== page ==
Pakistan — Security

  • Sentences in Karachi Dockyard Attack: Citing a family member of one of the suspects, Dawn reports that a Navy tribunal has sentenced five people to death in connection to the September 2014 attack on the Karachi Naval Dockyard; the trial was held in secret, and family members were not notified in advance of the sentencing. The five were reportedly charged with having affiliations with the Islamic State, although the attack was at the time reported to have been planned by Al Qaeda in the Indian Subcontinent.

Pakistan — Politics and Diplomacy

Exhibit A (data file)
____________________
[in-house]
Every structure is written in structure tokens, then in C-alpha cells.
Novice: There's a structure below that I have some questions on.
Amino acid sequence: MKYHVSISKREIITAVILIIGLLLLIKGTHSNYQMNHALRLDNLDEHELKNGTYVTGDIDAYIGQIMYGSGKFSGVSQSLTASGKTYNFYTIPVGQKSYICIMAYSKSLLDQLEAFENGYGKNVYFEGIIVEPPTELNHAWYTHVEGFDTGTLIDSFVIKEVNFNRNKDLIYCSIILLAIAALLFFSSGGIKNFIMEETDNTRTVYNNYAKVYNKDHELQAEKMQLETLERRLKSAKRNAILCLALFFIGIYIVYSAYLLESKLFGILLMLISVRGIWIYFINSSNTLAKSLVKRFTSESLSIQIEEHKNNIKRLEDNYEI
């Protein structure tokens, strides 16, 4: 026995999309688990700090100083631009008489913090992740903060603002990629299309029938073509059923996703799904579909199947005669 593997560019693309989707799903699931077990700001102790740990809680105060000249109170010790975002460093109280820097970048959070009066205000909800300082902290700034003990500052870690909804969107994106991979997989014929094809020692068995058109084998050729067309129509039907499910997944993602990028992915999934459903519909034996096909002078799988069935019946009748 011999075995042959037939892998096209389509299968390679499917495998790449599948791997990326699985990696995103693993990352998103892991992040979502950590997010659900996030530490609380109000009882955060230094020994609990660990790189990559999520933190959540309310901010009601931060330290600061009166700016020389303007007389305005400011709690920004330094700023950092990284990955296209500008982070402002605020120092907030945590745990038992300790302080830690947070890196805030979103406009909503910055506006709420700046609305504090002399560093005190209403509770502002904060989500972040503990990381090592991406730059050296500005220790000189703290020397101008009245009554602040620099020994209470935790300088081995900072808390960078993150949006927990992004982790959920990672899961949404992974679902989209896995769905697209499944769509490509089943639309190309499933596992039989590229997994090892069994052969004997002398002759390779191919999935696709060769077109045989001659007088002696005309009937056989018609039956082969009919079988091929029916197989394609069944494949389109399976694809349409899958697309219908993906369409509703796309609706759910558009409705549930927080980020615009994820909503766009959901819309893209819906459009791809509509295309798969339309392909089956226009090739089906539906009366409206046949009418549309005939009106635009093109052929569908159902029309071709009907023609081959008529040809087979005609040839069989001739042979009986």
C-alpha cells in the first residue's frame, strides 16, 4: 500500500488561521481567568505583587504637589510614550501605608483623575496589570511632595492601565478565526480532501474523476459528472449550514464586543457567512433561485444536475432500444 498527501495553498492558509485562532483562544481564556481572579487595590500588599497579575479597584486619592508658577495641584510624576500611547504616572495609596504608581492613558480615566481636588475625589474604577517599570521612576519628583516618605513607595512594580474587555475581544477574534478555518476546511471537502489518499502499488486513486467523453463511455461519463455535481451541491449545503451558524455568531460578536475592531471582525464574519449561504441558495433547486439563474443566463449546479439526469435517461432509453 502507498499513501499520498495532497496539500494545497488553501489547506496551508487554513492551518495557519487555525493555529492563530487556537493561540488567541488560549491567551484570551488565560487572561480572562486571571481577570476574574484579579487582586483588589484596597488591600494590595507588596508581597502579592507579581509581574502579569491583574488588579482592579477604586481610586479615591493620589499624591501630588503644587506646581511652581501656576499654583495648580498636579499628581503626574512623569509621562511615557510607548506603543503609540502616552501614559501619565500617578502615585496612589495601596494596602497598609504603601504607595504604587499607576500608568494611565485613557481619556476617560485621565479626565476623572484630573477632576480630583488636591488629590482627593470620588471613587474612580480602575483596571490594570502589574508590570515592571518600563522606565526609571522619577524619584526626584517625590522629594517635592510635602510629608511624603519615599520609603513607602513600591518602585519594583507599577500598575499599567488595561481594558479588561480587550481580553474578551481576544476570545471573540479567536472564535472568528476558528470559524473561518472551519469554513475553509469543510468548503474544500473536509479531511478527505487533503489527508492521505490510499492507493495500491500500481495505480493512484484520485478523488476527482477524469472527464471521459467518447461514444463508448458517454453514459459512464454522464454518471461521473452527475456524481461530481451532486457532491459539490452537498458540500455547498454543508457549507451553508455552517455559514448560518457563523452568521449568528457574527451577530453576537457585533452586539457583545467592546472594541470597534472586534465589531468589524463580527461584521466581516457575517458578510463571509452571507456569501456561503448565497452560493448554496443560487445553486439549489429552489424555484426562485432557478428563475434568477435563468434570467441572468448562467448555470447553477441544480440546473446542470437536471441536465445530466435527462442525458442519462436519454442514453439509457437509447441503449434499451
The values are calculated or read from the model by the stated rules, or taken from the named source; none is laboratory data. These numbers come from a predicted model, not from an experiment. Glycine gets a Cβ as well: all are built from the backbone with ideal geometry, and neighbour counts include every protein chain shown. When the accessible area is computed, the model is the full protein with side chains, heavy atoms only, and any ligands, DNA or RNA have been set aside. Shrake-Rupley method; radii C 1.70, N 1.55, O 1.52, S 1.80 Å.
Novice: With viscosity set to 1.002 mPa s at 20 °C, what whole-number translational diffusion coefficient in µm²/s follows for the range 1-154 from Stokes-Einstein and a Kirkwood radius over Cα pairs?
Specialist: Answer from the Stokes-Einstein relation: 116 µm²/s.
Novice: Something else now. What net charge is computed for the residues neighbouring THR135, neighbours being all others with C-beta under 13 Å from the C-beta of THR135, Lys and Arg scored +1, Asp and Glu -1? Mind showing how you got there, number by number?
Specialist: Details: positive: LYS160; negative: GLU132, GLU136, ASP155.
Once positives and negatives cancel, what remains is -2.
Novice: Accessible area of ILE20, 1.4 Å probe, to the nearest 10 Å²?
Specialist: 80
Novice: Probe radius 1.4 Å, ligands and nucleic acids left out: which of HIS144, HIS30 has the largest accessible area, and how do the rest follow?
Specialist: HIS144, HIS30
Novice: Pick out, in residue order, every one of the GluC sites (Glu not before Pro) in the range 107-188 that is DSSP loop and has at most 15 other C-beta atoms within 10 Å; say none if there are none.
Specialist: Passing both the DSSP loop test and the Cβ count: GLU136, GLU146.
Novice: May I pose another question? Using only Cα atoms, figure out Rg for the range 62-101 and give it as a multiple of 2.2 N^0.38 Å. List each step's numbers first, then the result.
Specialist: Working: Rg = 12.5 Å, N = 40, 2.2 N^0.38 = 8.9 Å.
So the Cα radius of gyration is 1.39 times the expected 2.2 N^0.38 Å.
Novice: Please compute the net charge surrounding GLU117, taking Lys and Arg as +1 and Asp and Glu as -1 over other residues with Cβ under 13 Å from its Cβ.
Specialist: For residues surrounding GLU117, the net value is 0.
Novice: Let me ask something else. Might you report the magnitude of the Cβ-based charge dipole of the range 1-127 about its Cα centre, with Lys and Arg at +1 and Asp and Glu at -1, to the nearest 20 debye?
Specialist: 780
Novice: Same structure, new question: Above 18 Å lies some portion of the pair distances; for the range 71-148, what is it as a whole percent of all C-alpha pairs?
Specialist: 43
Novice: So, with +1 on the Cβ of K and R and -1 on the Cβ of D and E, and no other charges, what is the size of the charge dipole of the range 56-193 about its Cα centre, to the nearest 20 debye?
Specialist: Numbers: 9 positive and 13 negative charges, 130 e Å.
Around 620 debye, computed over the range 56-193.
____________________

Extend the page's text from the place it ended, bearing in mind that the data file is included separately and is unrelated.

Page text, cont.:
• Committee on Panama Papers Formed: National Assembly Speaker Sardar Ayaz Sadiq approved the formation of a twelve-member parliamentary committee on Tuesday, after the nomination of six government members to the committee, led by Finance Minister Dar. The committee is tasked with considering “options for inquiring into issues raised by the Panama Papers including offshore companies, transfer from Pakistan of funds originating from corruption, commission or kickbacks, and written-off bank loans”; the opposition has pushed for investigations to focus solely on the prime minister and his family. The PTI announced on Monday that it would also file petitions seeking Prime Minister Sharif’s disqualification by the Election Commission; the ECP has sought an explanation from the prime minister’s son-in-law, Mohammad Safdar, on earlier PTI charges that he omitted his wife Maryam Nawaz’s overseas assets in his filing statements. Separately, the former chief finance officer of the Punjab Energy Department, Ikram Naveed, told a Punjab anti-corruption court on Monday that Ali Imran, the son-in-law of Chief Minister Shahbaz Sharif, had embezzled as much as Rs 230 million from the PED, The Nation reports; Naveed is himself under investigation on embezzlement charges. Imran Khan led a rally in Bagh in Azad Jammu and Kashmir on Tuesday, reiterating charges of corruption against the prime minister and accusing him of neglecting human rights violations in Indian Kashmir due to his personal business interests. [ET] [Dawn]